By Bill Thompson

I am a passionate museum and gallery crawler, having had the good fortune to visit and experience, on five continents, some of the world’s greatest temples to art. I’ve been transfixed by painting and sculpture and by the images of extraordinary photographers.

This is not to brag, but to contrast. I esteem the world of crafts just as highly. So should we all. One may argue that crafts work produced in America has had at least as much impact on our nation’s cultural heritage as the more celebrated fine arts. The latter is about individual vision. The former reveals us as a people.

A new appreciation of the skill and artistry of crafts is abroad in the land. Once they were disparaged (privately or otherwise) as the unrefined stepchildren of fine art, patted on the head for their ingenuity or utility. But rarely were they accorded the respect that is their due.

No longer.
And as it happens, a showpiece of distinctive art and crafts rests in our own backyard. Namely, the South Carolina Artisans Center (scartisanscenter.com) in Walterboro, a short drive away.

Today, on the cusp of its 20th anniversary, the state’s official folk art and craft gallery rivals such renowned venues as Tamarack in West Virginia and the Southern Highlands Craft Guild center of North Carolina.

The non-profit South Carolina Artisans Center (SCAC) exhibits work by more than 300 artists in the fields of basketry, wood carving, weaving, jewelry, blown glass, metalwork, pottery and photography, as well as painting and sculpture—all of it for sale.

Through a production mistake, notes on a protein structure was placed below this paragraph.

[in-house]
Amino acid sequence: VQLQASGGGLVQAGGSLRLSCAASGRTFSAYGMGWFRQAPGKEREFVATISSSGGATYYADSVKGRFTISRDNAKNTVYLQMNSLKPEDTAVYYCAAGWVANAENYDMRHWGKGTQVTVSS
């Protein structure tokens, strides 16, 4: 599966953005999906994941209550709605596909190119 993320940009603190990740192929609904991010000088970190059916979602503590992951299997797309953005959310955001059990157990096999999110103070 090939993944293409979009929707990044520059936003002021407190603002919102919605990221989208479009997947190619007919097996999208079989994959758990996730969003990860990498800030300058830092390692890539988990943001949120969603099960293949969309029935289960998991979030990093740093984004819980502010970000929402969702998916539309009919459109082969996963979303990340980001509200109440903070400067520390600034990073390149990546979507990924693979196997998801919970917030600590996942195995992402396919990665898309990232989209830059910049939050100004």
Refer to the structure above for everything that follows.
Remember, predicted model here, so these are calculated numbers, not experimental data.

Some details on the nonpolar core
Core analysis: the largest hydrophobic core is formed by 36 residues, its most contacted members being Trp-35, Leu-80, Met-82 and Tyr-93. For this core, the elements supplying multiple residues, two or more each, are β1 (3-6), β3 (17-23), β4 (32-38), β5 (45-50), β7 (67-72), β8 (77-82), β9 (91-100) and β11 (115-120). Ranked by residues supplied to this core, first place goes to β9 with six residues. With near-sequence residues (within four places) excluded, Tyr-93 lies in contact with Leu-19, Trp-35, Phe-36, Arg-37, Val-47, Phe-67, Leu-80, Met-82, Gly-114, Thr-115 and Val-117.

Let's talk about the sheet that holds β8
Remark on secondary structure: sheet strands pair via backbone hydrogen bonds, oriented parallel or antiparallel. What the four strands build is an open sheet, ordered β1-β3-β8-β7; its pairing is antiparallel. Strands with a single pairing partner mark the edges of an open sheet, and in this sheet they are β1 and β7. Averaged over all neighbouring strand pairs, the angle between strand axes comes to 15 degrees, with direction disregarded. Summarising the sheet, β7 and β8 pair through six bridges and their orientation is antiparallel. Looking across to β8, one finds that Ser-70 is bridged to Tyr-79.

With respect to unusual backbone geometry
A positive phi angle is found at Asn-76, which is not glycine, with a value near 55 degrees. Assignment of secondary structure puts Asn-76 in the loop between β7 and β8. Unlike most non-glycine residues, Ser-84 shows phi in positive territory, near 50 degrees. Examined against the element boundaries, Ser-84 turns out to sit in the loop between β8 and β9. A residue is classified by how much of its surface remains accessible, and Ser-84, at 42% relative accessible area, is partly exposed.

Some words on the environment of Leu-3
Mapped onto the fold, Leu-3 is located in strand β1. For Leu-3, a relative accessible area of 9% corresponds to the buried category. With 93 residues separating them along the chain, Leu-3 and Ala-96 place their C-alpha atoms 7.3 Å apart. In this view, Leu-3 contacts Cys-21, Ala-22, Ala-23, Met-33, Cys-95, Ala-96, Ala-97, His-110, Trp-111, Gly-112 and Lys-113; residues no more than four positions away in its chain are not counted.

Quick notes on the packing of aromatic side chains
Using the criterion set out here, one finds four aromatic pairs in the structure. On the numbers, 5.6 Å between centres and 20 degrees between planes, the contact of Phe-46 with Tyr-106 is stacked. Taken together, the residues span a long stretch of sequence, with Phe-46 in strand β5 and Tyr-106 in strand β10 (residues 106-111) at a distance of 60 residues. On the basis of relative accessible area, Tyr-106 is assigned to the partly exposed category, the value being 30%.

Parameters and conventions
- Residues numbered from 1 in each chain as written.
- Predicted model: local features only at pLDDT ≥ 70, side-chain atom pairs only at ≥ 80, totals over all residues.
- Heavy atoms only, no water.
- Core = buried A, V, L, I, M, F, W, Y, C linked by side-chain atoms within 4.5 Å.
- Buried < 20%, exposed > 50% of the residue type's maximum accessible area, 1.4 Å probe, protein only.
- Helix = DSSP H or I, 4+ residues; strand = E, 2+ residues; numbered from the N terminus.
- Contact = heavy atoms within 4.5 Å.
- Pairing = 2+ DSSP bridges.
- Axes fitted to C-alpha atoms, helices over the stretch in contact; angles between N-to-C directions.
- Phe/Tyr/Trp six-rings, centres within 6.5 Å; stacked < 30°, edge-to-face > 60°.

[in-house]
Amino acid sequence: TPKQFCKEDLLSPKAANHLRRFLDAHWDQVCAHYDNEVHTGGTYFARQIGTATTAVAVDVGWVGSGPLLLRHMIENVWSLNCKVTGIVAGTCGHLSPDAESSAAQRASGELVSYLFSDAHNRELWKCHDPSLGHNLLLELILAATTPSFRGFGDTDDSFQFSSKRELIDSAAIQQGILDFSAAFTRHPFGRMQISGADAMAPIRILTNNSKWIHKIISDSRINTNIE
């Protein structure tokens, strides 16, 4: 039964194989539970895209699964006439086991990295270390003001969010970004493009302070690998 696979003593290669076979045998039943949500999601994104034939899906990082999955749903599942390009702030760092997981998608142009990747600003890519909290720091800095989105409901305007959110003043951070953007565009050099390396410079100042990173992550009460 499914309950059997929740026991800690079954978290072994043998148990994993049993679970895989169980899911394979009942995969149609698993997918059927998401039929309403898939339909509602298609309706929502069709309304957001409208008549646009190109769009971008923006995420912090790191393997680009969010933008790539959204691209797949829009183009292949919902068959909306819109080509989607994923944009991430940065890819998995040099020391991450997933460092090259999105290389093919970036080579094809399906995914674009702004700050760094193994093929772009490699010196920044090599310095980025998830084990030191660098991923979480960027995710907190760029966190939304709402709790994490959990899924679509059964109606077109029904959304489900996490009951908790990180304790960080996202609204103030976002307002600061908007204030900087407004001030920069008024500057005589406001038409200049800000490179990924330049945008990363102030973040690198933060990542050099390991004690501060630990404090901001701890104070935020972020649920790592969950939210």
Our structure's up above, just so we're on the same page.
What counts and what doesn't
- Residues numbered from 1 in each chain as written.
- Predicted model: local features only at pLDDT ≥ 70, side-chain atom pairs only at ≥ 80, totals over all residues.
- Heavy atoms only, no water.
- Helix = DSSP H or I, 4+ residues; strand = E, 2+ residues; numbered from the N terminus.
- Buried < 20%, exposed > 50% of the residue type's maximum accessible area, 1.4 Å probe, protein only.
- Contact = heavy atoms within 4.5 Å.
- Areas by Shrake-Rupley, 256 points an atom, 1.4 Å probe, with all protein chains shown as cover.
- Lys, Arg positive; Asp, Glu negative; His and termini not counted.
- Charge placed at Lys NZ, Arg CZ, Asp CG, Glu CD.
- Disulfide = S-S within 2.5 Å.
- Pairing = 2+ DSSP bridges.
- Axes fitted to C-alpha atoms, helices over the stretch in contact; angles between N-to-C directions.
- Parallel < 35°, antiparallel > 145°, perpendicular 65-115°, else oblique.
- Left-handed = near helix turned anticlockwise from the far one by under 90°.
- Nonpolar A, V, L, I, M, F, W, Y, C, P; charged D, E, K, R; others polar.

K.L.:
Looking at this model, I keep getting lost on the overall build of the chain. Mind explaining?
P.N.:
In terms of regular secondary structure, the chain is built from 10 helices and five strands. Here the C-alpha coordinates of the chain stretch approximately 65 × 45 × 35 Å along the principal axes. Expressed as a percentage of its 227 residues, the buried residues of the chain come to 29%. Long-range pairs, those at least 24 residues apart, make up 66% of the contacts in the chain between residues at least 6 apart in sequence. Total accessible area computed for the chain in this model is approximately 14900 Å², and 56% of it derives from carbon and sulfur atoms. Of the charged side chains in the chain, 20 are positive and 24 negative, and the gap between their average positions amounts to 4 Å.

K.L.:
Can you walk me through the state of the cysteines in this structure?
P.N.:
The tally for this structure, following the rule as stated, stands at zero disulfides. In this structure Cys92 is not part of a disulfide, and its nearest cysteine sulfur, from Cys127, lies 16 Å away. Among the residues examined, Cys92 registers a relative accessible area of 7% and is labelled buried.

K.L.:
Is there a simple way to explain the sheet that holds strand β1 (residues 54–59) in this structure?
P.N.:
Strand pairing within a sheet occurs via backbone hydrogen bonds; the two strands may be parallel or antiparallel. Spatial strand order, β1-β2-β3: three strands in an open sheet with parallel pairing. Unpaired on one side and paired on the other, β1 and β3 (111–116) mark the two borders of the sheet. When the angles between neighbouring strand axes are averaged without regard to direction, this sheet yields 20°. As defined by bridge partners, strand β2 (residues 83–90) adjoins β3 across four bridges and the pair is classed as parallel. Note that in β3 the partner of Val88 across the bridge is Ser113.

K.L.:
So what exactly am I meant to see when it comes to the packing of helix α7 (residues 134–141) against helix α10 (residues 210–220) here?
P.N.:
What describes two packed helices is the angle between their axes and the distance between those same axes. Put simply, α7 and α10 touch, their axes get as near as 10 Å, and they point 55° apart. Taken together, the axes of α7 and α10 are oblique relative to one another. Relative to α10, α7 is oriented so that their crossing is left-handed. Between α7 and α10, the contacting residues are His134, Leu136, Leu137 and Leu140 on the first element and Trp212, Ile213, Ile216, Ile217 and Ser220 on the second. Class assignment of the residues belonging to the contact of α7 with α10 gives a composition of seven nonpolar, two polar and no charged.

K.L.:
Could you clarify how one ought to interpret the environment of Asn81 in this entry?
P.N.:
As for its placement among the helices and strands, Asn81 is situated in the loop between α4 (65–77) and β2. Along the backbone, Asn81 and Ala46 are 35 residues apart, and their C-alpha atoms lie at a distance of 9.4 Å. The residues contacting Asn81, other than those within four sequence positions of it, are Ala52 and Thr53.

The stated goal of the center, which also plays a key role in the eighth annual Walterboro Antiques, History and Arts Festival (May 16–17), is to “interpret, market, preserve, and perpetuate the folk art and fine craftsmanship of South Carolina Artisans while creating a better understanding of our rich and diverse cultural heritage.”

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According to Gale Doggette, SCAC executive director, the center owes its existence to the vision of three local women: Denise Butler, Walterboro’s then-Chamber of Commerce director; Mary Hunt, head of downtown development; and Carol Mullis of the South Carolina Department of Parks, Recreation, & Tourism (SCPRT).

Downtown Walterboro was dying in 1994, Doggette recalls. “So they started brainstorming. All had a love of the arts and had visited similar centers in other parts of the country. They wanted to do it in town, rather than just off I-95 as first suggested, in order to boost the local economy,” she says.

It worked better than they had hoped. Doggette estimates that as many as 18,000 people a year now visit town just for the SCAC. While there, they also may scour an expanded antiques district of as many as 15 stores.

In many respects the SCAC houses 300 separate small businesses, providing a crucial marketing service. Many artists whose work is displayed here are accomplished; others are less experienced. But few have the capacity to market their work to as many people as they do at the SCAC, which can help secure grants from the South Carolina Arts Commission and SCPRT.

Bursting with exciting ideas—from James Denmark’s colorful collages and watercolors to Carol Kay’s luxurious fabrics; from Bob Doster’s metal sculptures to Holger Obenaus’ atmospheric Lowcountry photographs—the SCAC is a delight to the eye.

It just may win the heart of the most confirmed museum crawler.

Bill Thompson writes about the arts, film and books.

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